EDITOR'S NOTE: Perhaps there was some hope that global grain prices would ease as soon as Russia and Ukraine reached a grain export agreement, allowing the latter to resume its exports. If anything, it would have helped ameliorate the global food crisis. The details of the deal are described in the article below. It turns out that it may have been much over nothing, as Russia attacked Ukraine’s Odesa port a day after signing the deal. If formalized agreements like this one are violated with no apparent rhyme or reason, then any deal with Russia seems no better than a rigged coin toss. Much like the game the average American citizen plays with the Federal Reserve and the Wall Street elites that operate the country’s financial system.
Turkey says a deal has been reached with Russia to allow Ukraine to resume exports of grain through the Black Sea.
It is to be signed on Friday in Istanbul by Ukraine, Russia, Turkey and UN Secretary General Antonio Guterres.
The world shortage of Ukrainian grain since Russia's 24 February invasion has left millions at risk of hunger.
The invasion sent food prices soaring, so the deal to unblock Ukraine's ports is crucial. Some 20 million tonnes of grain is stuck in the country.
Ukraine's foreign ministry confirmed that another UN-led round of talks to unblock grain exports would take place in Turkey on Friday - and a document "may be signed". President Volodymyr Zelensky said in his late-night address that Kyiv awaited news "regarding the unblocking of our ports".
But one Ukrainian MP close to the talks voiced caution over the deal.
"We don't have [an] agreement yet," Odesa MP Oleksiy Honcharenko told BBC Radio 4's World Tonight programme. "We don't trust Russians at all. So let us wait till tomorrow for a final decision and that there will not be some pushbacks from Russians and last-minute changes."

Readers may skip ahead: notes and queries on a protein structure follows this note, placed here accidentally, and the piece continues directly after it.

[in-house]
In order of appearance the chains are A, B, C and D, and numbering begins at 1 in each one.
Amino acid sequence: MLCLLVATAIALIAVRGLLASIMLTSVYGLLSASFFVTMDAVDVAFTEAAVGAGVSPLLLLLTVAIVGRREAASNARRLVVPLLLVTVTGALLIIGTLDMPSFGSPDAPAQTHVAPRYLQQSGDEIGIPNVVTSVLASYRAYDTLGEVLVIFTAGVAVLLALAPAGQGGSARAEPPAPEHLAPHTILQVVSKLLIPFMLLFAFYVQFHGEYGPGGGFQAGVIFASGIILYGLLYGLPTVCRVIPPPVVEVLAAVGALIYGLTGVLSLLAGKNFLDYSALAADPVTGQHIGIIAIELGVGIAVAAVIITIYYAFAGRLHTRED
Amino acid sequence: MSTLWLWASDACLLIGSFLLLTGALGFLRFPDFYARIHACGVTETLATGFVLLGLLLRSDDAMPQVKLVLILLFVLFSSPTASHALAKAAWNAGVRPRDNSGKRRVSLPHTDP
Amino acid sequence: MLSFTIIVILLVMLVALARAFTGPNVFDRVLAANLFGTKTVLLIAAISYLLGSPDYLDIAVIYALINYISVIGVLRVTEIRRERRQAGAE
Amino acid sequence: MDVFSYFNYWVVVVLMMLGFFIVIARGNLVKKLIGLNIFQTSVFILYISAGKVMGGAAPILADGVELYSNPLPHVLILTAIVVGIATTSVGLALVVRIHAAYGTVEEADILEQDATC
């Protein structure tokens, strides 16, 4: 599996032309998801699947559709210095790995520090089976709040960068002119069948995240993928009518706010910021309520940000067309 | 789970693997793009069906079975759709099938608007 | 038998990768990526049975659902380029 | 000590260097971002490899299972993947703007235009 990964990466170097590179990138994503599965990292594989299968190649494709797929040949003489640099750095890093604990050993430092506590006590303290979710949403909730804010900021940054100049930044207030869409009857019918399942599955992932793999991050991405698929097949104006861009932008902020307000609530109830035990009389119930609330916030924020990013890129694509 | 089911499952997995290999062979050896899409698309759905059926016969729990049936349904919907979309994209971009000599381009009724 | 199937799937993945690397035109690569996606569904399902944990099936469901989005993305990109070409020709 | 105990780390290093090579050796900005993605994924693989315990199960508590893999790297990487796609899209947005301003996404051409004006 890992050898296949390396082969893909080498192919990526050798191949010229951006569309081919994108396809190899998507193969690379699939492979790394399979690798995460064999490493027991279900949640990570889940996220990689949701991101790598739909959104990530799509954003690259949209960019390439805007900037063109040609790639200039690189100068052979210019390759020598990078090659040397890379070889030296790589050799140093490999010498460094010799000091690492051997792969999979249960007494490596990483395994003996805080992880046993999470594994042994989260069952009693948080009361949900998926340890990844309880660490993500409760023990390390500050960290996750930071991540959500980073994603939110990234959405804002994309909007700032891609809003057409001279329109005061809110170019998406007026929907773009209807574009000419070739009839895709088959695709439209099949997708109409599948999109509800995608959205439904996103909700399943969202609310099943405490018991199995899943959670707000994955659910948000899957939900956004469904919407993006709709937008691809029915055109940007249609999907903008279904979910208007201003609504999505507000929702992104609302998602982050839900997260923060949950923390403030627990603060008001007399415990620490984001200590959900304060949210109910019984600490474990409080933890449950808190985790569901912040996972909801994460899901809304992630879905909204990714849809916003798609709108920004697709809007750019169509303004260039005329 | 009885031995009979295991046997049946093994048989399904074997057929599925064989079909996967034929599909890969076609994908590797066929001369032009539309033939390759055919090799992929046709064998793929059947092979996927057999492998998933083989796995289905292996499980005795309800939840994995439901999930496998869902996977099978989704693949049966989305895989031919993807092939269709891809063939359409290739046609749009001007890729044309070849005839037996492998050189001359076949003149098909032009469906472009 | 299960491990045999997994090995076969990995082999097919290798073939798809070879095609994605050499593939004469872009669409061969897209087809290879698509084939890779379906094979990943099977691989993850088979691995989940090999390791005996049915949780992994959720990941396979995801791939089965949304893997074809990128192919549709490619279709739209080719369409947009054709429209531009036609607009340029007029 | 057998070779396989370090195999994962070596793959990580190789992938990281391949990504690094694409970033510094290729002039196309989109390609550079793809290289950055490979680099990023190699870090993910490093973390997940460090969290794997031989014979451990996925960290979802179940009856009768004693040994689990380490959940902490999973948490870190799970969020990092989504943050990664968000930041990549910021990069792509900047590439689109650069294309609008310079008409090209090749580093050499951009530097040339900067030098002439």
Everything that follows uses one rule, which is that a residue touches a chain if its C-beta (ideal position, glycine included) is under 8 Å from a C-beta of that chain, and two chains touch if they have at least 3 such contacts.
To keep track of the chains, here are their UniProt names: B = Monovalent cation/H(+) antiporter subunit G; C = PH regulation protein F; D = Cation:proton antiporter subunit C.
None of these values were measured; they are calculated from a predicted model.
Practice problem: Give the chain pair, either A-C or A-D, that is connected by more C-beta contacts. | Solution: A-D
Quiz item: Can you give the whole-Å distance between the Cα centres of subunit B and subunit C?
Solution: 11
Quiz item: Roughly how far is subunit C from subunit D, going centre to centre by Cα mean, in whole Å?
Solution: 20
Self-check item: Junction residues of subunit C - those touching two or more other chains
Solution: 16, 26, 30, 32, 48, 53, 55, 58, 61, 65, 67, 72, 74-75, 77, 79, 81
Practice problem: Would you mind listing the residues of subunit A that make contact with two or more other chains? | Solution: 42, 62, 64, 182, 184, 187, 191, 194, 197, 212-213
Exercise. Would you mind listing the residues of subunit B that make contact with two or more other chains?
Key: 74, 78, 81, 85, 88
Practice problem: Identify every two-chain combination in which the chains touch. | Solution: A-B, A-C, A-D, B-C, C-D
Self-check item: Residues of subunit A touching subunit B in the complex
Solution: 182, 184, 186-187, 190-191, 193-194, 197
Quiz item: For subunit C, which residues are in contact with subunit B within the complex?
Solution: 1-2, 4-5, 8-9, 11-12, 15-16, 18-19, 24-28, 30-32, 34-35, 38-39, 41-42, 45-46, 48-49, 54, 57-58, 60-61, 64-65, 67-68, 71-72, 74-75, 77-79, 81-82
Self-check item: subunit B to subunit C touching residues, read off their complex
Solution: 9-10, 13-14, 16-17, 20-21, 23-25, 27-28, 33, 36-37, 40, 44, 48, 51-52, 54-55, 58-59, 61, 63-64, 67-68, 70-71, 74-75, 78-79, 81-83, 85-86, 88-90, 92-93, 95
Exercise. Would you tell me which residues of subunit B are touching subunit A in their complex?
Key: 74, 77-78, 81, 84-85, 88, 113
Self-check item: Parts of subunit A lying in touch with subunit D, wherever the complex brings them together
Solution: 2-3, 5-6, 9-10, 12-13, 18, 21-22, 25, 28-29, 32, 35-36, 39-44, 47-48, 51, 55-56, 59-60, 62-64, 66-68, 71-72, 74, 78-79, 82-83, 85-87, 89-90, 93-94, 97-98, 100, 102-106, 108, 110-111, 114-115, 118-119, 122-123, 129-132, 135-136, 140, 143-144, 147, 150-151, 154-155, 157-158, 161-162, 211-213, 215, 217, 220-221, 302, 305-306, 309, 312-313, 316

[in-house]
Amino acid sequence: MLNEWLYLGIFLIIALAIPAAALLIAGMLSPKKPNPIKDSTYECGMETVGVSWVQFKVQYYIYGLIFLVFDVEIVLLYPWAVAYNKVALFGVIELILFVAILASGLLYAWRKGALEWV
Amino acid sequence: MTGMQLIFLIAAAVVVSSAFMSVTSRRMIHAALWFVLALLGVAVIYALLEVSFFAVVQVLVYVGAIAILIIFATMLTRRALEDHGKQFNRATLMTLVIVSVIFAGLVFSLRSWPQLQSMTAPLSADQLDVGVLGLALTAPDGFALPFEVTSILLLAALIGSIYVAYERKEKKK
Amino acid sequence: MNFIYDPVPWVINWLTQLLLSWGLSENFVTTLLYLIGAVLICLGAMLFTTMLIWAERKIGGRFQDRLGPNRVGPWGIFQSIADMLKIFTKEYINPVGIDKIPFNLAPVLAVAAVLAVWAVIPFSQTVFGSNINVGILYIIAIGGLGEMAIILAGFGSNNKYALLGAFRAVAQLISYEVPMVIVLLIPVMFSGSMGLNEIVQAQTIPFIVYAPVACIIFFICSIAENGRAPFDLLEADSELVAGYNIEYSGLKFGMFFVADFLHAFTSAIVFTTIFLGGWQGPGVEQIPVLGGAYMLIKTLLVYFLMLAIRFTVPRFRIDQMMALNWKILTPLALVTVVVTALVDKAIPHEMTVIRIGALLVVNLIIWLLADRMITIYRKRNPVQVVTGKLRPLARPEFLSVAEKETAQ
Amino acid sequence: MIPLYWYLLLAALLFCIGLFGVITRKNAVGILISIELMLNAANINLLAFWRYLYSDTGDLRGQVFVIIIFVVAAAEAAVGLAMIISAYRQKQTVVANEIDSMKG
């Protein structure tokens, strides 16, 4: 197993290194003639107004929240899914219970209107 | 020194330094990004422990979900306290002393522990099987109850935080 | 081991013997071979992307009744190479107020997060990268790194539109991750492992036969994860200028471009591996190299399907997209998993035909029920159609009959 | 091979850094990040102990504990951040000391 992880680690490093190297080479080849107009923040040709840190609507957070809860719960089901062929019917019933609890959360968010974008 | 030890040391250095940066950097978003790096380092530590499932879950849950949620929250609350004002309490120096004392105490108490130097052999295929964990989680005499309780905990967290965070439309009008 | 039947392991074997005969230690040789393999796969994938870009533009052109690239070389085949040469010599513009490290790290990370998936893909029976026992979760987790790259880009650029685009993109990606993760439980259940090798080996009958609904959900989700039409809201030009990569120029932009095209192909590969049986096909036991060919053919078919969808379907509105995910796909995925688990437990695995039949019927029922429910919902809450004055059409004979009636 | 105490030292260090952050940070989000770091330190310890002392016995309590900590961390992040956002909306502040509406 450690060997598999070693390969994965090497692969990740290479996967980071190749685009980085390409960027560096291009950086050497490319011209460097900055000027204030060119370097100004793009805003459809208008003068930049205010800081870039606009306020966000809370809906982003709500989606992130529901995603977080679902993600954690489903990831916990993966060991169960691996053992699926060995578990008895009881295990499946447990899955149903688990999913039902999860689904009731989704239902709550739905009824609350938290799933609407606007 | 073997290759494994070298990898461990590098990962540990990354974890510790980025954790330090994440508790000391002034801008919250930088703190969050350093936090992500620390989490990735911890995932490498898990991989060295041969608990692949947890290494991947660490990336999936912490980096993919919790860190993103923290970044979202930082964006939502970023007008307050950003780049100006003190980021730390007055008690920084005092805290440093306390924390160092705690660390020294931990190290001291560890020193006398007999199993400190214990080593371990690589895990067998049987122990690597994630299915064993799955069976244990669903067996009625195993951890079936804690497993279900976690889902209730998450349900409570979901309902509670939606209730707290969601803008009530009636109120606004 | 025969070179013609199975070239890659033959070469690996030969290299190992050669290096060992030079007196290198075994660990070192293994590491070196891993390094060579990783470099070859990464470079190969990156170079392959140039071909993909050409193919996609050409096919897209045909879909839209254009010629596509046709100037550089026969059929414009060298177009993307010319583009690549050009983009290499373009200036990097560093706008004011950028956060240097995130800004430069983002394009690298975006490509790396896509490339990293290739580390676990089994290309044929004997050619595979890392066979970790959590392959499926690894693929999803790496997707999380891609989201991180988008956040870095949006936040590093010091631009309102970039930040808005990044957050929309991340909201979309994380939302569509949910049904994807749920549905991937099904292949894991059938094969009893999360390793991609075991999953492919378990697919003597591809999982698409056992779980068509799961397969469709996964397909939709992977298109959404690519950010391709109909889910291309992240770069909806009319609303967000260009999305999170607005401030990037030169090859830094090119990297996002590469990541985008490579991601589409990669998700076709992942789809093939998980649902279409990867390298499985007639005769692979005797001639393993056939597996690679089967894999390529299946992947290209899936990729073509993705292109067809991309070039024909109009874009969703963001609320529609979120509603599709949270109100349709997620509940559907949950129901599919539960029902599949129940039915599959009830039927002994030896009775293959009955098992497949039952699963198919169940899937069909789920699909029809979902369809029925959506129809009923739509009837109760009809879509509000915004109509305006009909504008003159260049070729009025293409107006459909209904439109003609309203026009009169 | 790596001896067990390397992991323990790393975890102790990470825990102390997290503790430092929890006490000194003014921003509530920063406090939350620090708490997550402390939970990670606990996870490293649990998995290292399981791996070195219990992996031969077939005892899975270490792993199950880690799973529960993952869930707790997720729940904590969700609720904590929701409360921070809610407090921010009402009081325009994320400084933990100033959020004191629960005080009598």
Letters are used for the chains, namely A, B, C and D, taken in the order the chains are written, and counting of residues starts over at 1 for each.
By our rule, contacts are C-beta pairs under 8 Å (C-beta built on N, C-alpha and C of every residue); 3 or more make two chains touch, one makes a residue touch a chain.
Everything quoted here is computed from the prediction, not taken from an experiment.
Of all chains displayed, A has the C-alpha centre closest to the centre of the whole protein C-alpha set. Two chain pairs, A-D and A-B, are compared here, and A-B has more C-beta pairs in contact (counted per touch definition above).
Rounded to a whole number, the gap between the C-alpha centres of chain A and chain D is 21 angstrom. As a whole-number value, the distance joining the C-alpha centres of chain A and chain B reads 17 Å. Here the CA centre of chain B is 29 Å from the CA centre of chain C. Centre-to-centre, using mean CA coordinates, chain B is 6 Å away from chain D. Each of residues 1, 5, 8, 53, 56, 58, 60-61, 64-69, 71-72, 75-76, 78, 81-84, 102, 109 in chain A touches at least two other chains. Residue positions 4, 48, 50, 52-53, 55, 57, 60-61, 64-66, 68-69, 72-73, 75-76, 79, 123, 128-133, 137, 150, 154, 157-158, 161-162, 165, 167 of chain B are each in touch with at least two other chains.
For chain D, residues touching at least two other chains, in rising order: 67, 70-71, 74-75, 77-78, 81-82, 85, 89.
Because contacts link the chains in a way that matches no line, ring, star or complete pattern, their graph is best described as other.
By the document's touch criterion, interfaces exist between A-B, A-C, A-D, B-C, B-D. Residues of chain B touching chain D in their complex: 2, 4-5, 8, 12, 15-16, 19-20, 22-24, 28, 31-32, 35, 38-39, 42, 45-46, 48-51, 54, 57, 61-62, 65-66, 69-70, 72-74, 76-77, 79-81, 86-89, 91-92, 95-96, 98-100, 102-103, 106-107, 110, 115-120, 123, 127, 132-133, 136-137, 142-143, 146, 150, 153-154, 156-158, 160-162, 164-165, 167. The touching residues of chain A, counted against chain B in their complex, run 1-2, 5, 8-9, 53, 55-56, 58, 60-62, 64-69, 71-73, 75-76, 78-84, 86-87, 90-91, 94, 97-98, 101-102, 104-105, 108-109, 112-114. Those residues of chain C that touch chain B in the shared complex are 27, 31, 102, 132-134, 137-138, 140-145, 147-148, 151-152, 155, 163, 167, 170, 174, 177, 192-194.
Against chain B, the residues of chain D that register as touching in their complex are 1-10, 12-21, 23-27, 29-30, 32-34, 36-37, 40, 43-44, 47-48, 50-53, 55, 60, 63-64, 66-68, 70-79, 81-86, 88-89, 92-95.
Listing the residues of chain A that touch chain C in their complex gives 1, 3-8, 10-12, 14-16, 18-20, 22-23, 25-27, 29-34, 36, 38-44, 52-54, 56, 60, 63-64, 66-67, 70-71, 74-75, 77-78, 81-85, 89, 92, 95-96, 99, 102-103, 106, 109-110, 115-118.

"I keep fingers crossed tomorrow we'll have a deal and Russia will really respect it."
The US State Department welcomed the UN-brokered deal, but said it was focusing on holding Russia accountable for implementing it.
"We should never have been in this position in the first place. This was a deliberate decision on the part of the Russian Federation to weaponise food," said the department's spokesman Ned Price.
Diplomats say the plan includes:
- Ukrainian vessels guiding grain ships in and out through mined port waters
- Russia agreeing to a truce while shipments move
- Turkey - supported by the United Nations - inspecting ships, to allay Russian fears of weapons smuggling.
The deal is also meant to facilitate Russian exports of grain and fertiliser via the Black Sea.
The UN and Turkey have been working for two months to broker a grain deal amid global anxiety about the food crisis.
Russia denies blockading Ukraine's ports - it blames Ukraine for laying mines at sea and Western sanctions for slowing Russia's own exports.
In a piece aimed at newspapers in Africa, Foreign Minister Sergei Lavrov blamed the West and Ukraine for "absolutely groundless" allegations that Russia was exporting hunger. He praised the "balanced position of the Africans regarding what is happening in Ukraine and around it".
Ukraine, however, says the Russian navy prevents it shipping grain and other exports and accuses Russian occupation forces of stealing grain from Ukrainian farms.
If the signing goes ahead as planned, it will be the first significant deal between Russia and Ukraine since the invasion began. There have been some prisoner exchanges, but a ceasefire still appears a long way off.
"The grain export agreement, critically important for global food security, will be signed in Istanbul under the auspices of President [Recep Tayyip] Erdogan and UN Secretary General Mr Guterres, together with Ukrainian and Russian delegations," said Mr Erdogan's spokesman Ibrahim Kalin.
Sergiy Kyslytsya, the Ukrainian ambassador to the UN, said the devil would be in the detail of the deal, which was still being worked on by all parties.
If the deal was signed and implemented, it would "ensure a significant number of ships can approach or leave the Ukrainian ports and we can export about 20 million tonnes of grain, which is ready to be exported," he told BBC World News.
Mr Kyslytsya added that Turkey would play a "very important part ensuring the security" and monitoring the process.